Bitcoin futures listed on the Chicago Mercantile Exchange (CME) have lost their shine in recent weeks, and that’s due in part to explosive growth in decentralized finance (DeFi), an analyst says.

  • According to data source Skew, open interest or open positions in CME bitcoin futures fell to $345 million on Friday – the lowest level since May 4. The CME is considered synonymous with institutional activity.
  • Open interest is down nearly 64% from the record high of $948 million on Aug. 17. On the same day, bitcoin's price clocked a 12-month high of $12,476.
  • Open position in bitcoin futures across all cryptocurrency exchanges stood at $3.6 billion on Friday, having peaked at $5.7 billion on Aug. 17.
skew_cme_bitcoin_futures__total_open_interest__volumes_-4
CME bitcoin futures open interest
Source: Skew
  • While futures open interest has subsided, the total value locked into the DeFi platforms has nearly tripled to $10.9 billion over the past two months, according to data provider DeFi Pulse.
  • "Crypto money has gone into DeFi and yield farming, suppressing futures premium and making cash and carry trades unattractive for traditional/institutional investors," Denis Vinokourov, head of research at London-based prime brokerage Bequant, told CoinDesk.
  • As money began flowing into DeFi from the futures market in the second half of August, the spread between futures and spot prices, known as the "futures premium," began falling.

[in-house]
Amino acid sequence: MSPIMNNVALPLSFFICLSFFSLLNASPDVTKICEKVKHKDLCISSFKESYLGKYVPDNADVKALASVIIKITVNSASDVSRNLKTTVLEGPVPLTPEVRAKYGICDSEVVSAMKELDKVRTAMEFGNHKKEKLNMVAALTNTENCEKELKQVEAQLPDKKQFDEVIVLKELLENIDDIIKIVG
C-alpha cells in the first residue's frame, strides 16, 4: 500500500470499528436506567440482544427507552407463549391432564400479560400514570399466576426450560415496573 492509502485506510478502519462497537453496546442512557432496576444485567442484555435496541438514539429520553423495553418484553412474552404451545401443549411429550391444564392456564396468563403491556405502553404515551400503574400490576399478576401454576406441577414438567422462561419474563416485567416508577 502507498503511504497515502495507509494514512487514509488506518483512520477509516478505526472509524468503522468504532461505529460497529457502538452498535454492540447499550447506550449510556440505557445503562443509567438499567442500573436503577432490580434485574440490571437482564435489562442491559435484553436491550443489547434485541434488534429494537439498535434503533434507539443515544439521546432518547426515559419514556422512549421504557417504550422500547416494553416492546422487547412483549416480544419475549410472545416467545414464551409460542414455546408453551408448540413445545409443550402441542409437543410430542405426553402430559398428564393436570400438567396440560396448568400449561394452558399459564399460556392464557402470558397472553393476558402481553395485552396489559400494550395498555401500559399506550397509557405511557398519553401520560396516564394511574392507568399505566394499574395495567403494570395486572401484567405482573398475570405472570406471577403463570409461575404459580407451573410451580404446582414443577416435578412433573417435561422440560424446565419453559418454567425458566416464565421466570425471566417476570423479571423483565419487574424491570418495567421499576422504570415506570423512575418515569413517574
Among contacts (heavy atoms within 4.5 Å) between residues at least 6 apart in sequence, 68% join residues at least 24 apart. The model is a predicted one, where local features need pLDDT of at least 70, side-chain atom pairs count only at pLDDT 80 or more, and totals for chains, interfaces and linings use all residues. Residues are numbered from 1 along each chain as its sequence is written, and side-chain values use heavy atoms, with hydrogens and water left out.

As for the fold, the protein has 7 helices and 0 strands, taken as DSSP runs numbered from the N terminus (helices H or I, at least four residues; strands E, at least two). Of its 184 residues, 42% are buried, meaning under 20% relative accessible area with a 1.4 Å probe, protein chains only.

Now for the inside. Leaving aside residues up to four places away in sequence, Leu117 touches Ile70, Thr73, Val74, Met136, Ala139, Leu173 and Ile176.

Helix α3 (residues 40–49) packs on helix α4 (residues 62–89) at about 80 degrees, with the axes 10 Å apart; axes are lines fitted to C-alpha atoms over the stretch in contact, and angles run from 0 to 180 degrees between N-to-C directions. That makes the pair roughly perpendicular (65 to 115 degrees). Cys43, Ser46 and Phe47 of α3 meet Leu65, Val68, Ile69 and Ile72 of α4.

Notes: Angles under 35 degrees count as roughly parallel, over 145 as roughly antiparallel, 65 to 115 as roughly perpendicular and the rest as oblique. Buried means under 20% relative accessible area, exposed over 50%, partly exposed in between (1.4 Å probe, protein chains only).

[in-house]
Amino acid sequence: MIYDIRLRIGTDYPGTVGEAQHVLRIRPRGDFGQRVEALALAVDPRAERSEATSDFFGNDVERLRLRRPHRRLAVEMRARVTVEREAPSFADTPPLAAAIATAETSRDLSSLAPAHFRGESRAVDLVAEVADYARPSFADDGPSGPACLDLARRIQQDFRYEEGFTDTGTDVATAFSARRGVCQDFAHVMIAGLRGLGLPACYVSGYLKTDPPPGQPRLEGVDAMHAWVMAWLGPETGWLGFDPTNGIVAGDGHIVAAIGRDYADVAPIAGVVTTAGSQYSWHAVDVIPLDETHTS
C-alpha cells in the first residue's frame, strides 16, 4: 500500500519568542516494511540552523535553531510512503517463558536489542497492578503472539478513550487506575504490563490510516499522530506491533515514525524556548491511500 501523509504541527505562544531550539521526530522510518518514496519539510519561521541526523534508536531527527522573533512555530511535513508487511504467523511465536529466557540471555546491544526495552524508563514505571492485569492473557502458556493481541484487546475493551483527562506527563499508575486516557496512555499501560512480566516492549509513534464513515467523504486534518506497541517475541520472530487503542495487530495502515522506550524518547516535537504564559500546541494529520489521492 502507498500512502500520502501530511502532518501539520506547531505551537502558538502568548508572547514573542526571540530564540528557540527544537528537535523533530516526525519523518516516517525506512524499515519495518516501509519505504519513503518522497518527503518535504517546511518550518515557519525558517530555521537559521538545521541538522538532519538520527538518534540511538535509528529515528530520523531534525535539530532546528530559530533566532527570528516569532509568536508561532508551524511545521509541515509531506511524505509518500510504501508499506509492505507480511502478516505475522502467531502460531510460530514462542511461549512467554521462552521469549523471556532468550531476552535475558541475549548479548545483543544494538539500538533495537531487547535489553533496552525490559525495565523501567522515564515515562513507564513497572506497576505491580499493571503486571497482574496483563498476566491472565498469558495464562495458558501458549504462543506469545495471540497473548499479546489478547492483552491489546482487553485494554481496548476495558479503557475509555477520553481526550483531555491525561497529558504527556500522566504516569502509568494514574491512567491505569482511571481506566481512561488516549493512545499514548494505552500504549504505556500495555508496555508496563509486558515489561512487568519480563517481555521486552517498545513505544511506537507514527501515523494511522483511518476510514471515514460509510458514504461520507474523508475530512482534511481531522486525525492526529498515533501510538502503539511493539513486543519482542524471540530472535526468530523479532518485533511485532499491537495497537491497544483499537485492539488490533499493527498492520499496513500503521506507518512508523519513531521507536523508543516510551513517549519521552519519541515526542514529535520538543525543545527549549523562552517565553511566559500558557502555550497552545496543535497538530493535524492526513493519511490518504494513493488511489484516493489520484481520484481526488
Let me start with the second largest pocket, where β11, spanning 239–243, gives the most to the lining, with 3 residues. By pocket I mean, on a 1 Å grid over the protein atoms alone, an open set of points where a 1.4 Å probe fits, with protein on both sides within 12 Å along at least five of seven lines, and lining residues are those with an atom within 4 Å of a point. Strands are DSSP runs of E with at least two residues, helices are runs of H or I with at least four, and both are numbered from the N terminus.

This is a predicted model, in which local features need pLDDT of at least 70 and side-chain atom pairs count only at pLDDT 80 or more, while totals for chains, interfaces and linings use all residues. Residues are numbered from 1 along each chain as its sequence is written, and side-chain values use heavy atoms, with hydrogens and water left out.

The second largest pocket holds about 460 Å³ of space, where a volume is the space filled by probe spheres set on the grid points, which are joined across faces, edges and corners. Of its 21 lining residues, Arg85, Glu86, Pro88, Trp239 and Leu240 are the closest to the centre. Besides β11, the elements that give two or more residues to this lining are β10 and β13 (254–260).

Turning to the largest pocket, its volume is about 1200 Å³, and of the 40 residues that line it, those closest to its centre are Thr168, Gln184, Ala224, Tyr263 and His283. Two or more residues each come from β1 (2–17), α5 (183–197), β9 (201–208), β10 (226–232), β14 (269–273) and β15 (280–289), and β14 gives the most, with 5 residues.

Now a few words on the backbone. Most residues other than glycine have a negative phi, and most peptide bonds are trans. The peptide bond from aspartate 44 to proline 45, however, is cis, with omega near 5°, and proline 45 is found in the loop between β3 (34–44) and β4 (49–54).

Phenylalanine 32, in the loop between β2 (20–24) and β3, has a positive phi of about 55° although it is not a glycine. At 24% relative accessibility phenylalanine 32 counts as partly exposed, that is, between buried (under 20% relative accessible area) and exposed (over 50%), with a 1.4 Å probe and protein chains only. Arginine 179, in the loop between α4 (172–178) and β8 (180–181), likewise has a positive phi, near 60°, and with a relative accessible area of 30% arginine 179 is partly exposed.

• The premium on major exchanges declined from 12% to 2.5% in the second half of August and has remained sidelined near 7% ever since, per Skew data.
  • The near-halving of the premium in August has likely kept traditional investors and institutions from putting money into futures over the past four weeks.
  • That's because returns on cash and carry trades, a popular strategy among institutions, dropped with the premium.
  • Cash and carry trades involve buying an asset in the spot market and selling a futures contract when the latter is trading at a premium to the spot price.
  • The strategy seeks to profit from the premium, which eventually converges with the spot price on the expiry date. The higher the premium, the higher is the reward on the carry trades and vice versa.
  • Additionally, bitcoin's 7.5% price drop seen in September, the biggest monthly decline since March, likely contributed to the decline in open interest on CME and other exchanges.
  • "September's decline in bitcoin has significantly affected short-term optimism in the market with Open Interest falling across all exchanges and derivatives products," said Matthew Dibb, CEO of Singapore-based Stack Funds.
  • "We expect that further enhanced selling pressure will lead open interest to sub-$3 billion levels seen in April," Dibb said.
  • Bitcoin is currently trading largely unchanged on the day at $10,688, according to CoinDesk's Bitcoin Price Index.

Also read: Bulls Exit BitMEX Bitcoin Futures Market

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